A more powerful laser will produce a brighter scattered beam

If you see a point or a beam, you have a visible laser. Whether you see a light beam in the air depends on several factors: In clear air, the light beam will be scattered by air molecules in a process called Rayleigh scattering. The process is fairly weak and depends on atmospheric pressure, green laser pointer wavelength, and how you view the beam.

For example, viewing almost along the path of the beam will produce a beam that is significantly brighter than viewing the same beam perpendicular to the path. Shorter wavelengths are scattered more strongly, but the eyes are most sensitive to the green color of 555 nm. This makes the optimal wavelength of the strongest beam (assuming constant beam power) around 480 to 500 nm.

Of course, a more powerful laser will produce a brighter scattered beam. At night, if you look along the beam direction, you can see the 15 mW green laser beam very clearly. Viewed from the side, perpendicular to the beam, you may need 100 mW or more. The photos used by the laser pointer supplier are long exposures.

Green Adjustable Focus Laser Flashlight

Don’t expect to see the beam well. The 100-watt laser from the Air Force Starfire Optical Range Telescope may illuminate the night sky and be very clearly visible from a distance at night. It may take a 40-50 megawatt red laser beam to see it along the beam. The photos on the side of the red laser beam are almost always forged.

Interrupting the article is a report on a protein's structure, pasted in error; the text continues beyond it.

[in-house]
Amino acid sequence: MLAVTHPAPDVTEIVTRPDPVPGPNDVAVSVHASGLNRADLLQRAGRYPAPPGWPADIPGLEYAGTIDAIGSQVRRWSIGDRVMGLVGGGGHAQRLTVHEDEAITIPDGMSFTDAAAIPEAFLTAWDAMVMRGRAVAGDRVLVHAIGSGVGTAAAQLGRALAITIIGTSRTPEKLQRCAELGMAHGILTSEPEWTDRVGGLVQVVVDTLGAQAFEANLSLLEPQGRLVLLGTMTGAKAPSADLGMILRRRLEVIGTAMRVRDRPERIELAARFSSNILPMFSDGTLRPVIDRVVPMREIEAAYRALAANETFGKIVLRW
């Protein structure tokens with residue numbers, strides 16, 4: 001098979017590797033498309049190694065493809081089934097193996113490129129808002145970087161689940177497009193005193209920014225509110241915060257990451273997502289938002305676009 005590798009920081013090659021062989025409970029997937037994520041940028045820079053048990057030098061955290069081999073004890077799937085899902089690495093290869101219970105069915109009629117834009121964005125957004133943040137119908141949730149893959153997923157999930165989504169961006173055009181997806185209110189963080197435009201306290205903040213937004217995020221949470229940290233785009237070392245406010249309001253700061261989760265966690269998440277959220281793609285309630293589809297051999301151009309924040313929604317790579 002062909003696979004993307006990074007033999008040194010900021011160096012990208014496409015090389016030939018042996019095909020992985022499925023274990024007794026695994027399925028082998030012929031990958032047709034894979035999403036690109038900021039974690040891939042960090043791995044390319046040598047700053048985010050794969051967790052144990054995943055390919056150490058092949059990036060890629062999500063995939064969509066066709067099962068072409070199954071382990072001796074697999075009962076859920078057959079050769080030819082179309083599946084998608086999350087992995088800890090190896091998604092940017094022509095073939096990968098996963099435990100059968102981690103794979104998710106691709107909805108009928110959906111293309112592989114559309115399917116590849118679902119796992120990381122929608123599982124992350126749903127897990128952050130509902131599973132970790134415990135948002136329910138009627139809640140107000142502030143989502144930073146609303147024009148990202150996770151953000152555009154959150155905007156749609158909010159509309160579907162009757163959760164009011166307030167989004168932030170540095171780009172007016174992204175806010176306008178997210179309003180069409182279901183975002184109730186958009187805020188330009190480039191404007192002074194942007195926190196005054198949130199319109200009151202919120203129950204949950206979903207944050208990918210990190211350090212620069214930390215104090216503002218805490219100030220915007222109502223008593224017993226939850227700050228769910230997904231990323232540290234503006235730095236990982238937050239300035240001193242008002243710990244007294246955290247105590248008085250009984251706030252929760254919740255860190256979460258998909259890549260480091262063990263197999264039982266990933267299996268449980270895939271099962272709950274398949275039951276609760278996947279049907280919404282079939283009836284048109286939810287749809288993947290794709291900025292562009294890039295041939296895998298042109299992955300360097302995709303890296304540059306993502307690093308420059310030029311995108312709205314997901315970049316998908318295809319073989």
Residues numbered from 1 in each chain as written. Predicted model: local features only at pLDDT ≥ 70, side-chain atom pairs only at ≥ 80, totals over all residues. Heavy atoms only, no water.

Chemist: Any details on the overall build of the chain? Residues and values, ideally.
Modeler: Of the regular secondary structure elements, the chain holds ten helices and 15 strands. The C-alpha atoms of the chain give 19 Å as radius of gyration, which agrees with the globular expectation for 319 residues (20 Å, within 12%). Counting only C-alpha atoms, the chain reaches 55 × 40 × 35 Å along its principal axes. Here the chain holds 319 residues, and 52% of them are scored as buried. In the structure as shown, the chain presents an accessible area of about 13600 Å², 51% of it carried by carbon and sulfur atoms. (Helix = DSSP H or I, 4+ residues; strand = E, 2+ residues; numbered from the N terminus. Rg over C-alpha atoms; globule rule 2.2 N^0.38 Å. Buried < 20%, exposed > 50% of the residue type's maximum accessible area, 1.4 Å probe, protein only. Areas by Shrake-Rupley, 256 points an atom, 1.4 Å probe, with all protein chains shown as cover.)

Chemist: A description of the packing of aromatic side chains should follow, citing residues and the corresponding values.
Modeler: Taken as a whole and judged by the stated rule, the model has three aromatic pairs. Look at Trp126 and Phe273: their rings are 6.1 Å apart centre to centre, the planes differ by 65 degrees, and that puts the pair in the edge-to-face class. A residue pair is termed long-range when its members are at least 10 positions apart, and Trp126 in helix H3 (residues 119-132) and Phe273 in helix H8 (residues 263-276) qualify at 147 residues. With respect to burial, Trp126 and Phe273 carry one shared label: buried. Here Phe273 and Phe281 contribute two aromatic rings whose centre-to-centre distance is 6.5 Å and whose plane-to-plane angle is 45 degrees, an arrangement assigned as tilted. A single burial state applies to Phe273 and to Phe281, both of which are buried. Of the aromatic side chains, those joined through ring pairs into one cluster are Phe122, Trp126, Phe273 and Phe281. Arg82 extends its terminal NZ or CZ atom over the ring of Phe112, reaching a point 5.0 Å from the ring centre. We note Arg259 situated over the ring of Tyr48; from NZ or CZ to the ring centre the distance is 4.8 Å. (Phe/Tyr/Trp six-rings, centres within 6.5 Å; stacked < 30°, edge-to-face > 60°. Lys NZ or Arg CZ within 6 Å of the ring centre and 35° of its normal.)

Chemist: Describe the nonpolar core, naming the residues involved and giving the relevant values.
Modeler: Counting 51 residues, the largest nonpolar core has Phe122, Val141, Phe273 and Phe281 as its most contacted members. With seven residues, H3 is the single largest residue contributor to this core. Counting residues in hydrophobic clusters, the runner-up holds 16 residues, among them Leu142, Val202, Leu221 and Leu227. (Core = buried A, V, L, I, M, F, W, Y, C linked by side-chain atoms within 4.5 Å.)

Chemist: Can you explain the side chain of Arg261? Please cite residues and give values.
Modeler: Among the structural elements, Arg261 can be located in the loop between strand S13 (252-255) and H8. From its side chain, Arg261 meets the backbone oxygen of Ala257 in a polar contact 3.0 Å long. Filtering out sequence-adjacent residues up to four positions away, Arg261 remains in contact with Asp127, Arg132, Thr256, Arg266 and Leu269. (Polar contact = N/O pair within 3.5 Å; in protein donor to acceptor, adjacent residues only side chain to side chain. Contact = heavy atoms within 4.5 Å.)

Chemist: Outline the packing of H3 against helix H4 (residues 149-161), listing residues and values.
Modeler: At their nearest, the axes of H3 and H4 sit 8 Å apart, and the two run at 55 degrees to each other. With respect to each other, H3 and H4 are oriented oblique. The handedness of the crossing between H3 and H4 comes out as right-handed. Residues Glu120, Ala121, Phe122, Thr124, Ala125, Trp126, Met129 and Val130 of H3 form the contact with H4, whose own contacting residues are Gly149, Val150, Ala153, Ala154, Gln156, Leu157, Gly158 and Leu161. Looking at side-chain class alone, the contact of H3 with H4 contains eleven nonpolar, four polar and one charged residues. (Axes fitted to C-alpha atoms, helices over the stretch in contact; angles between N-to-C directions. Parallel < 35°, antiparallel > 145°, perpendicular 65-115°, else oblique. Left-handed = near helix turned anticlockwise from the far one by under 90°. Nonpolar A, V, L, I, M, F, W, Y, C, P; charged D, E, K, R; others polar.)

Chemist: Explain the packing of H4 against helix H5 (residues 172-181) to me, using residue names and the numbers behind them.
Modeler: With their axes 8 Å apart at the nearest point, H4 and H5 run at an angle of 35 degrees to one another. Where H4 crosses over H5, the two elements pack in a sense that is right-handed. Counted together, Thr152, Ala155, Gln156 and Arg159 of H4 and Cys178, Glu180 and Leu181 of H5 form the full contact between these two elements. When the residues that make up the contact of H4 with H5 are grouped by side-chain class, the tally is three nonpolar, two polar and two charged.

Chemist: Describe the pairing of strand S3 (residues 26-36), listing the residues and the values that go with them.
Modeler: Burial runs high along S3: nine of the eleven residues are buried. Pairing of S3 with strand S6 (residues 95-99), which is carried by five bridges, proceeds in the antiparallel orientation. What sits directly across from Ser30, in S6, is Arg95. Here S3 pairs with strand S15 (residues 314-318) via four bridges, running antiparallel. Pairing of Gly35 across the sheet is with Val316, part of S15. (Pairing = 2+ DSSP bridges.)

If there is very light fog or light frost in the air, you will get more scattering. Even for a 5 mW red laser pointer, the beam can be very noticeable. It is much more difficult to see the beam during the day. Usually you need a visible laser beam of more than 1000 watts to see Rayleigh scattering under full daylight conditions.

All lasers with high enough power (and of course visible wavelength) are visible in normal air containing some dust/smoke particles. The usual 650nm / 5mW red laser pointer is not easy to see in the air, but the 50mW He-Ne laser is clearly visible. The 532nm green laser pointer appears brighter at the same power output, and even a 5mW laser pointer is clearly visible.